I started with DMC4 because it was supposedly the more noob-friendly entry in the franchise which became clear as soon as I got to control Dante mid-way through the game. Nero, the first protagonist of the game, while being quite a bit similar to Dante in terms of his basic moveset, was clearly made keeping in mind the modern audience as well as newcomers to the franchise. With the overpowering buster arm and contextual attacks, Nero felt like a middle ground of all the switchable styles at Dante’s disposal. No trickster? Nero had buster grab to close down those distances. No gunslinger? Nero’s gun could be charged up for massive damage. No swordmaster? Nero had a sword that could be revved up like a motorcycle (Why? Because DMC) to increase damage output. Nero was easy enough to act as a crutch for beginners but had enough systems for people who were hungry for depth. Juggling Ex-Act, Max Act, DT Invulnerability, Shuffle Cancel etc together ain’t a cakewalk (Yes YouTube really showed how far behind I was).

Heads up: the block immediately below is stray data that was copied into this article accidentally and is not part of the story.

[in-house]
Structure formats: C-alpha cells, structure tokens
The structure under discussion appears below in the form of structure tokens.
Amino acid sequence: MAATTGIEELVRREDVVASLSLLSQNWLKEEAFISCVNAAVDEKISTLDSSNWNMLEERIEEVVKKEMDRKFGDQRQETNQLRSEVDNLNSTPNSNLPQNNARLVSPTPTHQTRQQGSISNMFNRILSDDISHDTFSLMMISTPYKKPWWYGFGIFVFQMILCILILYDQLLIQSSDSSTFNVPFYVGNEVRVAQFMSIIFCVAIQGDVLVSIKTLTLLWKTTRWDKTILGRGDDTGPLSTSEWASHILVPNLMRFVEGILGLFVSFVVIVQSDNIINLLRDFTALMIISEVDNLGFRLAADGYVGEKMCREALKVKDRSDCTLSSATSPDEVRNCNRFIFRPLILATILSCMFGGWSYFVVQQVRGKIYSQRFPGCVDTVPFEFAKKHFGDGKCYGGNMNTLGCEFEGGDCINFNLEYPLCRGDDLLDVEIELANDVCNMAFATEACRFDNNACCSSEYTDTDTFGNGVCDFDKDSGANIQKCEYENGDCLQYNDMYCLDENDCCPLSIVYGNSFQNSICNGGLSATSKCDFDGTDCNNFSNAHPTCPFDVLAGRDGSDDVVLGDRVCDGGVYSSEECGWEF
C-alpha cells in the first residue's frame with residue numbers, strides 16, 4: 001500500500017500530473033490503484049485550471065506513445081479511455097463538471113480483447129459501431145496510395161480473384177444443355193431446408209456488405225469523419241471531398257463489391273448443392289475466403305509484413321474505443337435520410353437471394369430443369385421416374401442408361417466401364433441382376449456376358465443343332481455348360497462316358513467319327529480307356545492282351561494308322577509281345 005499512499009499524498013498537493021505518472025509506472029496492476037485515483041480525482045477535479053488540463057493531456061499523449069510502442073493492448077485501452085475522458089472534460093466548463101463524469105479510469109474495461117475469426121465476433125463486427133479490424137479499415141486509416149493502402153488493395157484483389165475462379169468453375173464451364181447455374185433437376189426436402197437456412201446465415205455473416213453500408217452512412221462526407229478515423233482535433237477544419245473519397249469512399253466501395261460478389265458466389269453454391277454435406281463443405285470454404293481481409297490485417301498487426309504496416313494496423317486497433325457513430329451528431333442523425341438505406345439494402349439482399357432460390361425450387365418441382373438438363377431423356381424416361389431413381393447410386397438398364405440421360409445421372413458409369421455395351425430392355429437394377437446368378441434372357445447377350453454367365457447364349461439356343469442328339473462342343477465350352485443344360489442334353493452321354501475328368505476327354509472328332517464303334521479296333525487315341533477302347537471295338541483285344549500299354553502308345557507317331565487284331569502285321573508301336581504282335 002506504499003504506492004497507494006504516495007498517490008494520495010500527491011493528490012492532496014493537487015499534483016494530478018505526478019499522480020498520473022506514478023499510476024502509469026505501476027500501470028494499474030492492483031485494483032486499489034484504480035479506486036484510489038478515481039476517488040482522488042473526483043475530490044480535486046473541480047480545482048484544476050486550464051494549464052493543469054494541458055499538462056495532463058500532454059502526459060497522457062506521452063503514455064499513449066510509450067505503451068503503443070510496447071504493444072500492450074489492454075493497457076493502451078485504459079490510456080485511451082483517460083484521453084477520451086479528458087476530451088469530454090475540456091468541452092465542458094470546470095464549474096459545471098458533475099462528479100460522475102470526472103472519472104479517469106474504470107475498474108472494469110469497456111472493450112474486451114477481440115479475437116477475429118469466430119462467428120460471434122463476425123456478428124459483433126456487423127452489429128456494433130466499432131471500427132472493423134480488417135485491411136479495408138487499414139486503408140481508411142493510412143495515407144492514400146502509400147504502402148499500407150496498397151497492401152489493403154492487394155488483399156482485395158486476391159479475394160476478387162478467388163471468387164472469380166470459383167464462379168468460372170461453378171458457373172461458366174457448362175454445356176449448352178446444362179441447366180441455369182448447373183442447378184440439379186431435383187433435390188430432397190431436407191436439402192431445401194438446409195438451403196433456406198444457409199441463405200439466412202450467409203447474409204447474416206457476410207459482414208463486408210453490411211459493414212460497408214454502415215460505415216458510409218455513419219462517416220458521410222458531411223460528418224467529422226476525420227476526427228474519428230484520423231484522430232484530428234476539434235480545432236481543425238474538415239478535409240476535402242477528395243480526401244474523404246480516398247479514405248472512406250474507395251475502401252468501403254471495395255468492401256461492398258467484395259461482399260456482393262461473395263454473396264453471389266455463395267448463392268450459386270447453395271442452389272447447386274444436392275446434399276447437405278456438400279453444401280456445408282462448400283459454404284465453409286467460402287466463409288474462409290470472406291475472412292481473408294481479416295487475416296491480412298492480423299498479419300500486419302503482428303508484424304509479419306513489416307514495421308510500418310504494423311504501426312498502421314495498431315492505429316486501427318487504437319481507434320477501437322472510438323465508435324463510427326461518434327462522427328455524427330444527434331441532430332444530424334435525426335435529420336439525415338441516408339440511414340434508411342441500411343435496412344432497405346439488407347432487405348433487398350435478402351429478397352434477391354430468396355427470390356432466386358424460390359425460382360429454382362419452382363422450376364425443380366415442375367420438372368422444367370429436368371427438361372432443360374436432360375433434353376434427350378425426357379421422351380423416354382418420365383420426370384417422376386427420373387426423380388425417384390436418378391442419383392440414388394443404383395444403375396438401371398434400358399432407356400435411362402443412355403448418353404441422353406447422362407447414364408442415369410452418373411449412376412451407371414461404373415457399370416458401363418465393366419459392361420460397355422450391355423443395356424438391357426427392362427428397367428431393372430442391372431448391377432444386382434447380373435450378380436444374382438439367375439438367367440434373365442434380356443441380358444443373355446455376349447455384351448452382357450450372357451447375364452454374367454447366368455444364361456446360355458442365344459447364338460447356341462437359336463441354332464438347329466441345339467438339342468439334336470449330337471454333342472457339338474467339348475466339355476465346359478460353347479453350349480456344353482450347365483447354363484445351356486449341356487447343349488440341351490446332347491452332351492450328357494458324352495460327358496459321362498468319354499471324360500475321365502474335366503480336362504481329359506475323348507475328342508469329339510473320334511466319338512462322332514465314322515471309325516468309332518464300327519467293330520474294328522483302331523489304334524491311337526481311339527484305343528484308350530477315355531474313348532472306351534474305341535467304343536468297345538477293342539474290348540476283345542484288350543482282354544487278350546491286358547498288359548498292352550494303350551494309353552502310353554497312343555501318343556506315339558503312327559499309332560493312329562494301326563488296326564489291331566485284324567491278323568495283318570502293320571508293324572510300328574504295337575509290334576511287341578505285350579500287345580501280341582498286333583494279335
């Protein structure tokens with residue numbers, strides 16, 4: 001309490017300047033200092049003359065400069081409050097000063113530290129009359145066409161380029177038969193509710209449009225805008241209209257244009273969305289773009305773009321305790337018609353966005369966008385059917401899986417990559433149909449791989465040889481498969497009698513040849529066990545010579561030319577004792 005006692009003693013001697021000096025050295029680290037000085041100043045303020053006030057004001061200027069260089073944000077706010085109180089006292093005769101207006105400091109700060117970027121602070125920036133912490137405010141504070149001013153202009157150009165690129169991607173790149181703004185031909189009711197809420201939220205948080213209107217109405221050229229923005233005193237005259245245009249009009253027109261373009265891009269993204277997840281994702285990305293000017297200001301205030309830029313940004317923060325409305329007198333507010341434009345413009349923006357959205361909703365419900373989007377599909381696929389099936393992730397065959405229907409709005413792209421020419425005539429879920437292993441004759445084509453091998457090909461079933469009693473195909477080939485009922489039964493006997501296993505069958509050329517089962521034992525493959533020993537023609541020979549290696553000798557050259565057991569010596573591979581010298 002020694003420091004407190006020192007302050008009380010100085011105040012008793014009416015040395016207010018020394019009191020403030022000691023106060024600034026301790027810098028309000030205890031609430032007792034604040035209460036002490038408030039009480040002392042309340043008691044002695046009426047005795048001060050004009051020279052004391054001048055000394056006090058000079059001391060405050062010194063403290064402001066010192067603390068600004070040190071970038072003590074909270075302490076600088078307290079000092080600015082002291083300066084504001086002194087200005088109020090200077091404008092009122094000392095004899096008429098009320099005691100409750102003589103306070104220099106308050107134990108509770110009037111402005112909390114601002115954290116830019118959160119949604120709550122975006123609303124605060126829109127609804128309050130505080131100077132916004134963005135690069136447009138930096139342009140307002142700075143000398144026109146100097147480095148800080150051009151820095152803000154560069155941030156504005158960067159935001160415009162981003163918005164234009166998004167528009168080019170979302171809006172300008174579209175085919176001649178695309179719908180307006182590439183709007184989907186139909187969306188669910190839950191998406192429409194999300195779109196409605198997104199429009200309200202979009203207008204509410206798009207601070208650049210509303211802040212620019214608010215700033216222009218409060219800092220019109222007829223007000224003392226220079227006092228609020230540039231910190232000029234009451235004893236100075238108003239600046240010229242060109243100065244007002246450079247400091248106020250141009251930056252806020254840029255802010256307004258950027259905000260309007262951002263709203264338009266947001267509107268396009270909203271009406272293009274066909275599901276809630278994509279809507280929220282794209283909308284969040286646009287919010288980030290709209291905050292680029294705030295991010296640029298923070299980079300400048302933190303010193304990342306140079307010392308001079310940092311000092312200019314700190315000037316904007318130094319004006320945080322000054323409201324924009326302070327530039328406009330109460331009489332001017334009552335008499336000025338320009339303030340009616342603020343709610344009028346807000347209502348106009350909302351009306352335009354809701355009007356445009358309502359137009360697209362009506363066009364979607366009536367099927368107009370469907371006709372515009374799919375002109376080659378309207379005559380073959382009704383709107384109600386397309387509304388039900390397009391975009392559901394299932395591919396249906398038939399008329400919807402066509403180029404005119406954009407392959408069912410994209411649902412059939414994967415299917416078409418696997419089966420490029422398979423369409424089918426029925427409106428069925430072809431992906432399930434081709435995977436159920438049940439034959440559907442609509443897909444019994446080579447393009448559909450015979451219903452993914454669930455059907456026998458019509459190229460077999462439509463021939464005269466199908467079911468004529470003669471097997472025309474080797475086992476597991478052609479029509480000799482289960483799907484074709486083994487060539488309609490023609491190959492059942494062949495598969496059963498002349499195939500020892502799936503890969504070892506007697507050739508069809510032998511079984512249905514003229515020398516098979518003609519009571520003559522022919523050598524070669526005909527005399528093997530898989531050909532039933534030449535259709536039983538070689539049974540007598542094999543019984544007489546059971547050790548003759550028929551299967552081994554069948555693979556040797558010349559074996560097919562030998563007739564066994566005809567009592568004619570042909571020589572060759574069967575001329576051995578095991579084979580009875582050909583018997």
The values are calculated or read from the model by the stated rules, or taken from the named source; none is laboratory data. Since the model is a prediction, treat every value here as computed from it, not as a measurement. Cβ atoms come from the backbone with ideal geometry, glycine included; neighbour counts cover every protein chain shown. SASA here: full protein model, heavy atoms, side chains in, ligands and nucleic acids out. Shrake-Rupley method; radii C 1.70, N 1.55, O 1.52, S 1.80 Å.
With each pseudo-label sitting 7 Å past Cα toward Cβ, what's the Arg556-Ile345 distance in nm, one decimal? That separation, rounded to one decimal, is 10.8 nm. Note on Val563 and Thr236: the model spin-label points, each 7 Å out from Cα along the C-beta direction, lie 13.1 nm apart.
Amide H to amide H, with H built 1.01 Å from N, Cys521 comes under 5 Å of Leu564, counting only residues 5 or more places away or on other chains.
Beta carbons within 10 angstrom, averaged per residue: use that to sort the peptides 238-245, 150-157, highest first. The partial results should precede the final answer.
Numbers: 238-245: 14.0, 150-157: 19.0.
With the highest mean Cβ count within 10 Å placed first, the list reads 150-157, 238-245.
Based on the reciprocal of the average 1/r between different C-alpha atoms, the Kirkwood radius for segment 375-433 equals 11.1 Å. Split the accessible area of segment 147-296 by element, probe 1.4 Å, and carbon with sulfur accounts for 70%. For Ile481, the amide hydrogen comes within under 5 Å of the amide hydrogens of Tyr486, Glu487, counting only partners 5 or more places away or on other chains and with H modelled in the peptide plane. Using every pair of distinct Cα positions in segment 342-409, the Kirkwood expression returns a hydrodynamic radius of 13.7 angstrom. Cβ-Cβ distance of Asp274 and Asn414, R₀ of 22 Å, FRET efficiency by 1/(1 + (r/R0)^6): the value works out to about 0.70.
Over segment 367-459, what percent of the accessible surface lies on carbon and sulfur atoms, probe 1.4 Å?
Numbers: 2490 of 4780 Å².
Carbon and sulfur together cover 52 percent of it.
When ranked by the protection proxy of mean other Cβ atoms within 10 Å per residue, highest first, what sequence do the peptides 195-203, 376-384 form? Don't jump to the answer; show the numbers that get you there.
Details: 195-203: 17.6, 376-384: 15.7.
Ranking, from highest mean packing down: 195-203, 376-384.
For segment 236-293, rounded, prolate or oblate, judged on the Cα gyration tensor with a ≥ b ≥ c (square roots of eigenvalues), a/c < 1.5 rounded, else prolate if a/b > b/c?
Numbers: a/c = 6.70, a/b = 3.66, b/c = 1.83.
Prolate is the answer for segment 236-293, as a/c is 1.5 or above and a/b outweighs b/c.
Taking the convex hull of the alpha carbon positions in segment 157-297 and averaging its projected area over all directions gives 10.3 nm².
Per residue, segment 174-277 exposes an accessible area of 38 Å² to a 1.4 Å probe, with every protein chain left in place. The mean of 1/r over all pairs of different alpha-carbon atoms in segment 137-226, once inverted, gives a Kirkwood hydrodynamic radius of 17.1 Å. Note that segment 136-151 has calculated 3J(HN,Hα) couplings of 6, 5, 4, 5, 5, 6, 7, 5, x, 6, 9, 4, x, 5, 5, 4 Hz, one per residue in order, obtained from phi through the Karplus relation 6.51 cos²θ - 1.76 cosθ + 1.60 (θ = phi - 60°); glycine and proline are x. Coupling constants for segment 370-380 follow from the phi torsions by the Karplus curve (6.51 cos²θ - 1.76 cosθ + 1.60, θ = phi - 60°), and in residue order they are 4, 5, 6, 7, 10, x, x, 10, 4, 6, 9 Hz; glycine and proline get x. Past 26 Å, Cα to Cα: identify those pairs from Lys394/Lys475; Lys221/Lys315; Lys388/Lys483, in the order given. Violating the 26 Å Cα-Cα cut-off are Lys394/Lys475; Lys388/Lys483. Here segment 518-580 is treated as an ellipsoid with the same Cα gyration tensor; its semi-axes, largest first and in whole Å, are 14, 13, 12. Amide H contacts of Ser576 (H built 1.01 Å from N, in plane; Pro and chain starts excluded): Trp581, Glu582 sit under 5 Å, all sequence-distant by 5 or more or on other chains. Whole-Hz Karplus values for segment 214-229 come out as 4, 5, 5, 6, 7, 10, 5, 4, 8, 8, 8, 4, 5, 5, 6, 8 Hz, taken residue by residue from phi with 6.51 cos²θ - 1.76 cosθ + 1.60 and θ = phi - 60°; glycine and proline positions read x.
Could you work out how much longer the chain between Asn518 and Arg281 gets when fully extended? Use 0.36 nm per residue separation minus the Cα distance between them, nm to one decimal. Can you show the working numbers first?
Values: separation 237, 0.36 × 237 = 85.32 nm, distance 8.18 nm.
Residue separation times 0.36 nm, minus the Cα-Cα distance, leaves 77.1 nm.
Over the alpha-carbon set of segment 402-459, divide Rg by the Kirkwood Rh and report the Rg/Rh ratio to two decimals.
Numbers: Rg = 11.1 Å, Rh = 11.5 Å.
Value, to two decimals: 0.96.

The game encouraged experimentation through small indirect nudges. The buster arm was multidimensional and could be used for attack, defense or even counter-attacks. Those flying swords that could be grabbed using the buster arm during Agnus’ first boss fight just paved the way for Credo’s lance attack in a later boss fight. DMC4 also rewarded the player for finding openings in enemies. The buster arm could not be spammed on bosses; either the enemy had an opening or the player needed to create one. This point was only emphasized by the decreasing number of openings that the bosses allowed the player as the game progressed.